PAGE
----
Acetabular bone reconstruction in revision arthroplasty - A comparison of freeze-dried, irradiated and chemically-treated allograft vitalised with autologous marrow versus frozen non-irradiated allograft

ArticleinThe Bone & Joint Journal 90(9):1164-71 · October 2008with2 Reads
DOI: 10.1302/0301-620X.90B9.20425 · Source: PubMed
Deficiencies of acetabular bone stock at revision hip replacement were reconstructed with two different types of allograft using impaction bone grafting and a Burch-Schneider reinforcement ring. We compared a standard frozen non-irradiated bone bank allograft (group A) with a freeze-dried irradiated bone allograft, vitalised with autologous marrow (group B). We studied 78 patients (79 hips), of whom 87% (69 hips) had type III acetabular defects according to the American Academy of Orthopaedic Surgeons classification at a mean of 31.4 months (14 to 51) after surgery. At the latest follow-up, the mean Harris hip score was 69.9 points (13.5 to 97.1) in group A and 71.0 points (11.5 to 96.5) in group B. Each hip showed evidence of trabeculation and incorporation of the allograft with no acetabular loosening. These results suggest that the use of an acetabular reinforcement ring and a living composite of sterile allograft and autologous marrow appears to be a method of reconstructing acetabular deficiencies which gives comparable results to current forms of treatment.
    • "Different management approaches for stabilization of the acetabular component using dual plates and cages have been described in the literature . In the case of a structural bone defect, allograft treatment has been at- tempted [11][12][13][14][15][16]. Nevertheless, the results of revision surgery in HA or THA with acetabular gle-stable screw holes. "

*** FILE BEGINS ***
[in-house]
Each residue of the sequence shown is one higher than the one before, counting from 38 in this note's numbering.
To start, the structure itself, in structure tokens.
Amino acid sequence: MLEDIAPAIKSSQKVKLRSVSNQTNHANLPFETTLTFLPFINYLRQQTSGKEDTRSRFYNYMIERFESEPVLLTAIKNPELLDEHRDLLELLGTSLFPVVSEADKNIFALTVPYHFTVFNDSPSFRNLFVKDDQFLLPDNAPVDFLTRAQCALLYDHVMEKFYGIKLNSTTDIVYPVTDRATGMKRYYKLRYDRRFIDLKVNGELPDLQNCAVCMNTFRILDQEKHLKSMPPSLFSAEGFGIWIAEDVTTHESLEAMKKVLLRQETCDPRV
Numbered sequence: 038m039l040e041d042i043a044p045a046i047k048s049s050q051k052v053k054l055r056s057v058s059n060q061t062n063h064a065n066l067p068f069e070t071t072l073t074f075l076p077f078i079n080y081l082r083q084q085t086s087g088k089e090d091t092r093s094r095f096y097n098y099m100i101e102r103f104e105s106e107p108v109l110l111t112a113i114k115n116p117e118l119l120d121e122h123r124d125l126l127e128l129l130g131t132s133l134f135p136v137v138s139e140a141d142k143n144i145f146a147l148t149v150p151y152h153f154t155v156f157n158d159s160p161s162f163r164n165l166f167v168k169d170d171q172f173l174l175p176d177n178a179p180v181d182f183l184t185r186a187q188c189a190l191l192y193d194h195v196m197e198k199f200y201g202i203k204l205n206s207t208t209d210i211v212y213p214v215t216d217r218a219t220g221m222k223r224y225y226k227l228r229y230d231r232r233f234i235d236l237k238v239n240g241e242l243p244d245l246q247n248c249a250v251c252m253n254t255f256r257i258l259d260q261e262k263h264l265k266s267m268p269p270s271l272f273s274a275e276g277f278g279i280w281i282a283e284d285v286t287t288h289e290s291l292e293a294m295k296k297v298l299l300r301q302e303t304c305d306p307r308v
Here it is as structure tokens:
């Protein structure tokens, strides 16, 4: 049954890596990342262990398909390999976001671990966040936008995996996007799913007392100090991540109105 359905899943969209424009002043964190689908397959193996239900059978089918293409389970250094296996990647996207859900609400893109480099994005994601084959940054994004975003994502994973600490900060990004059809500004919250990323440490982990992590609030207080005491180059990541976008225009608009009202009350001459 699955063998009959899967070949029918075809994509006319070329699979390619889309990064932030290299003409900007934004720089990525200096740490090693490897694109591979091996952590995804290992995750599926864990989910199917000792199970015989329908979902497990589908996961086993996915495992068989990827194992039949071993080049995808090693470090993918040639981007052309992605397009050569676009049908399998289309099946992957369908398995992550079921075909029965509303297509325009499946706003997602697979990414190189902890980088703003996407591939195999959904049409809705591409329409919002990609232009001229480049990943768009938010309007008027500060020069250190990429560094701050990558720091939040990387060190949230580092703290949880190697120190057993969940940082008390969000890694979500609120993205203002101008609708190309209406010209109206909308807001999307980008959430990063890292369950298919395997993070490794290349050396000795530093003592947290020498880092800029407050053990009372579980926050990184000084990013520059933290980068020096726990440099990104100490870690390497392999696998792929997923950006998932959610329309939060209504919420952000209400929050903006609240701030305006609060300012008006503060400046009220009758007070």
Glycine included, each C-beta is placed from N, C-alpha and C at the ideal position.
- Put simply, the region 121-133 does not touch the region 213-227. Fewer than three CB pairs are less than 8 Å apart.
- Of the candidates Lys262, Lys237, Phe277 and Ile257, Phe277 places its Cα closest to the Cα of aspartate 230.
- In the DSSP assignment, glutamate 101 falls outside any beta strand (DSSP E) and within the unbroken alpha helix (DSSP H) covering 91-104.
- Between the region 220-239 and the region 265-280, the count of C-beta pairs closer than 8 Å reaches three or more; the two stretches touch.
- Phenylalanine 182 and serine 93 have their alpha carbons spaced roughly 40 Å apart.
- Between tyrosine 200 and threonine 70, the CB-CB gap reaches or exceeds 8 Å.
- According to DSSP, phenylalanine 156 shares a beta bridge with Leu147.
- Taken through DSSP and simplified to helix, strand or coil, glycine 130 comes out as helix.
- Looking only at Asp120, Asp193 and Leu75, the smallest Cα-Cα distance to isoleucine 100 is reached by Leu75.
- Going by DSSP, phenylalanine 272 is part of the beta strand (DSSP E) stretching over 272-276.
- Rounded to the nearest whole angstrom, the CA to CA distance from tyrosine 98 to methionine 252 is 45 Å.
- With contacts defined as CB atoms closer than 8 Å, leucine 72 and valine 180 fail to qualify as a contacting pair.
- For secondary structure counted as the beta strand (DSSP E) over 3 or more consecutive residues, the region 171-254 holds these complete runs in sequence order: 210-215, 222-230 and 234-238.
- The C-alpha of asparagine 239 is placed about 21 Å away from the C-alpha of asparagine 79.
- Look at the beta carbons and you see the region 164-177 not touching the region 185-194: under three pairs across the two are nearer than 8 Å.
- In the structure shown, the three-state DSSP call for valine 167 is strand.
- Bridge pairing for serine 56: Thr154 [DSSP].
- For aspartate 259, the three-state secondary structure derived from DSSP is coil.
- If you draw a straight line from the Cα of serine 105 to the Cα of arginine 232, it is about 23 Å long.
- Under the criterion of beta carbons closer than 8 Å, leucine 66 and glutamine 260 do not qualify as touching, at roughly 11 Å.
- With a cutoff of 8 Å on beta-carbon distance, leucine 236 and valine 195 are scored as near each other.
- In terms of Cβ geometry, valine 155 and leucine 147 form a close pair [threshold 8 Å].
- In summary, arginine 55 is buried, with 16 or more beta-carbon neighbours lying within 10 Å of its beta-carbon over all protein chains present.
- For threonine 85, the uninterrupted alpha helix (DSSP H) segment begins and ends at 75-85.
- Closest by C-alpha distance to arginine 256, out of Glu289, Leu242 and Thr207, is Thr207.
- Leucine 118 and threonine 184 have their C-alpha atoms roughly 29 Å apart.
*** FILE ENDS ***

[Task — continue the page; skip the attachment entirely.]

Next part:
[Show abstract] [Hide abstract] ABSTRACT: Objective: Treatment of displaced periprosthetic acetabular fractures in elderly patients. The goal is to stabilize an acetabular fracture independent of the fracture pattern, by inserting the custom-made roof-reinforcement plate and starting early postoperative full weight-bearing mobilization. Indications: Acetabular fracture with or without previous hemi- or total hip arthroplasty. Contraindications: Non-displaced acetabular fractures. Surgical technique: Watson-Jones approach to provide accessibility to the anterior and supraacetabular part of the iliac bone. Angle-stable positioning of the roof-reinforcement plate without any fracture reduction. Cementing a polyethylene cup into the metal plate and restoring prosthetic femoral components. Postoperative management: Full weight-bearing mobilization within the first 10 days after surgery. In cases of two column fractures, partial weight-bearing is recommended. Results: Of 7 patients with periprosthetic acetabular fracture, 5 were available for follow-up at 3, 6, 6, 15, and 24 months postoperatively. No complications were recognized and all fractures showed bony consolidation. Early postoperative mobilization was started within the first 10 days. All patients except one reached their preinjury mobility level. This individual and novel implant is custom made for displaced acetabular and periprosthetic fractures in patients with osteopenic bone. It provides a hopeful benefit due to early full weight-bearing mobilization within the first 10 days after surgery. Limitations: In case of largely destroyed supraacetabular bone or two-column fractures according to Letournel additional synthesis via an anterior approach might be necessary. In these cases partial weight bearing is recommended.
    Full-text · Article · Apr 2016